Wendy Howard wrote:Only just saw this post! The OP is linking to an article I wrote for Permaculture Magazine back in 2014. Since then, the system has performed so well I introduced it to my local municipality here in Portugal. It's now approved for use under the provisions for 'septic tank with drainage', and is being installed by the council where septic tanks have failed or are non-existent. Many people in the area are also adopting it as a solution for their off-grid sanitation. I've open-sourced the system and there's now a website devoted to it. I'm gathering case studies of installations and encourage people to join the forum. The more experience gained, the more potential weaknesses are discovered and ironed out, the better the system becomes.
Rebecca Norman wrote:Will the worms starve to death if we go away?
I don't have experience of this, but I think they'll survive for several months and then leave eggs if they do die, so I believe this system could recover after a few months of disuse.
Zenais Buck wrote:We built a system in rural south west Oregon, based on Wendy's post. 2.5 years in and it is working perfectly. When it freezes, the worms just move to the interior of the bin and activity is slow. In early spring I toss in more worms, just to help handle any stuff that has collected over winter. Granted, we don't get 'deep' freezes. So far we have only one hiccup; in the initial build I did not pay enough attention to screening the exit, and the thing got clogged, resulting in too much liquid retention that killed the worms. I had to dig into it (it was not too awful) and create a guard around the exit that keeps the mulch out. Then we have a secondary screen right at the exit pipe (similar to Wendy's build). Anyway, once that was cleared it has been working like a charm ever since. It was installed for my parents house on my off-grid property (my house still uses composting outhouse) and is used by 2 people. However, we had 13 people use it for a week and the system handled the fluxuation just fine. I ordered and installed low-flow Toto toilets for this system - they rock.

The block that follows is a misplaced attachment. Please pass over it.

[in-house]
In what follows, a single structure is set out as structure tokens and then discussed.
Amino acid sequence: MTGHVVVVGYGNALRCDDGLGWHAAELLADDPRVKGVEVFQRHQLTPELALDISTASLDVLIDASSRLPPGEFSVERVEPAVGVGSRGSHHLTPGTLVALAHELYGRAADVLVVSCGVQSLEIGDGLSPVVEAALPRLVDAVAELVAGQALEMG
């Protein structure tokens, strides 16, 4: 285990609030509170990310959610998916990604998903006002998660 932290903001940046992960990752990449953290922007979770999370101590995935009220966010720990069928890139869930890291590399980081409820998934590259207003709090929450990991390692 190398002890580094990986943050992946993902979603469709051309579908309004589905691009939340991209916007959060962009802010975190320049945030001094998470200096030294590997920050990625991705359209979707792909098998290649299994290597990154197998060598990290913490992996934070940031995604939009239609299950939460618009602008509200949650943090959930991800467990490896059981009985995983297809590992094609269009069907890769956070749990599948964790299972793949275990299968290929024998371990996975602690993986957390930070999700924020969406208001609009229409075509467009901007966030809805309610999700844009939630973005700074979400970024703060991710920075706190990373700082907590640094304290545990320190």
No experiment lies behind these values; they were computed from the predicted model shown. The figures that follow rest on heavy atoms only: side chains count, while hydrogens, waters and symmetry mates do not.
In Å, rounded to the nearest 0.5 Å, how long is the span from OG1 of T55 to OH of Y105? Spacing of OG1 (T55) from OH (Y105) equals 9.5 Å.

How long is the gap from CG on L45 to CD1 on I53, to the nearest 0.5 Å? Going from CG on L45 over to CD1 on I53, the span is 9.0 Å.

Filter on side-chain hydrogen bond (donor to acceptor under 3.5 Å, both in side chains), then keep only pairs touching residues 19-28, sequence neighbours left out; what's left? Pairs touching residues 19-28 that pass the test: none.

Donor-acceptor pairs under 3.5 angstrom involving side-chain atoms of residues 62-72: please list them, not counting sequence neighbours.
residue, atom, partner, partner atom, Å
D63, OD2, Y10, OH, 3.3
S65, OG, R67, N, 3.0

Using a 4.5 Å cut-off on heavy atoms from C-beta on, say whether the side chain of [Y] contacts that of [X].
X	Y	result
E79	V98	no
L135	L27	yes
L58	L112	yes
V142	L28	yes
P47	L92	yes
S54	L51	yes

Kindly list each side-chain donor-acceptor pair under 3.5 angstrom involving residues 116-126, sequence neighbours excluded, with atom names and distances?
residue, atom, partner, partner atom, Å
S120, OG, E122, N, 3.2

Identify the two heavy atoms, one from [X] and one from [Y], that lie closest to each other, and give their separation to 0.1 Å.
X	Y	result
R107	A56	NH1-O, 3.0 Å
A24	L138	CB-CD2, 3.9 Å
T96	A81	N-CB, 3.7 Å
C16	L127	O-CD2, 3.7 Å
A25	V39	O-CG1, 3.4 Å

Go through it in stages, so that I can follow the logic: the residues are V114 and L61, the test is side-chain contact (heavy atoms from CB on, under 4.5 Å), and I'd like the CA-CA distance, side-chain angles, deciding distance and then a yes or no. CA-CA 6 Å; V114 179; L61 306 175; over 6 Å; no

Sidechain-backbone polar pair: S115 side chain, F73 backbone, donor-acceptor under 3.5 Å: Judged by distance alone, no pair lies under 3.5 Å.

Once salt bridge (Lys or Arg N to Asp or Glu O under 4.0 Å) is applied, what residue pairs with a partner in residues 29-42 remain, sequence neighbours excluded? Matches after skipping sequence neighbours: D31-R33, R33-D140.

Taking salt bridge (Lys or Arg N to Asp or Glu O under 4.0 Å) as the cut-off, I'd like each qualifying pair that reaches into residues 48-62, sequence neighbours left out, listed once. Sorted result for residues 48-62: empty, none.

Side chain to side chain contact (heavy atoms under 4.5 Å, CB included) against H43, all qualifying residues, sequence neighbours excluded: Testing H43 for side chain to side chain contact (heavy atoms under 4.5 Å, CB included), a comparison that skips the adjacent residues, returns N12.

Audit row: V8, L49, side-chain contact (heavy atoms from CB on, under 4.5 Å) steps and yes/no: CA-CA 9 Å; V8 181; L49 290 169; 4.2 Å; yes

Wendy- thank you so much for sharing this work! It has been a blessing for my older parents to have an indoor toilet as they age.
Rob Lineberger wrote:Wow. Thank you, Wendy. I can completely picture what you're saying. Thankfully i can't smell it! You've convinced me. Im also much happier about this once i heard about using grey water or rain water to flush toilets. That makes good ecological sense to me. Is there any issue with using grey water in vermicomposting toilets?
Rebecca Norman wrote:By the way, don't use wood shavings! We asked our students to collect wood chips from around our construction site, but they filled the tank with wood shavings instead, so for the first week or two it smelled great and the water coming out was quite clear, but then the shavings clogged up so the water was backing up a bit in there, and it went anaerobic and started smelling bad in the whole area including the kitchen and dining hall. So I dug out all the wet stinky shavings and we filled it up with wood chunks from construction (no, nobody uses any pressure treated or chemical treated wood here, and minimal plywood was used in this project so the chips seem pretty clean). It's only been going another 2 weeks so I don't have anything meaningful to report yet.
Rebecca Norman wrote:Good idea, thanks. I'll go back and throw some other compostable stuff in there along with the wood chunks.
Sandy Wise wrote:Should we be concerned or is there anything else we can do to prevent standing water? How deep have people successfully dug for the greenfilter? Any thoughts or suggestions in this area would be greatly appreciated. If these concerns can be addressed a new project will be started in Peru within the next couple months.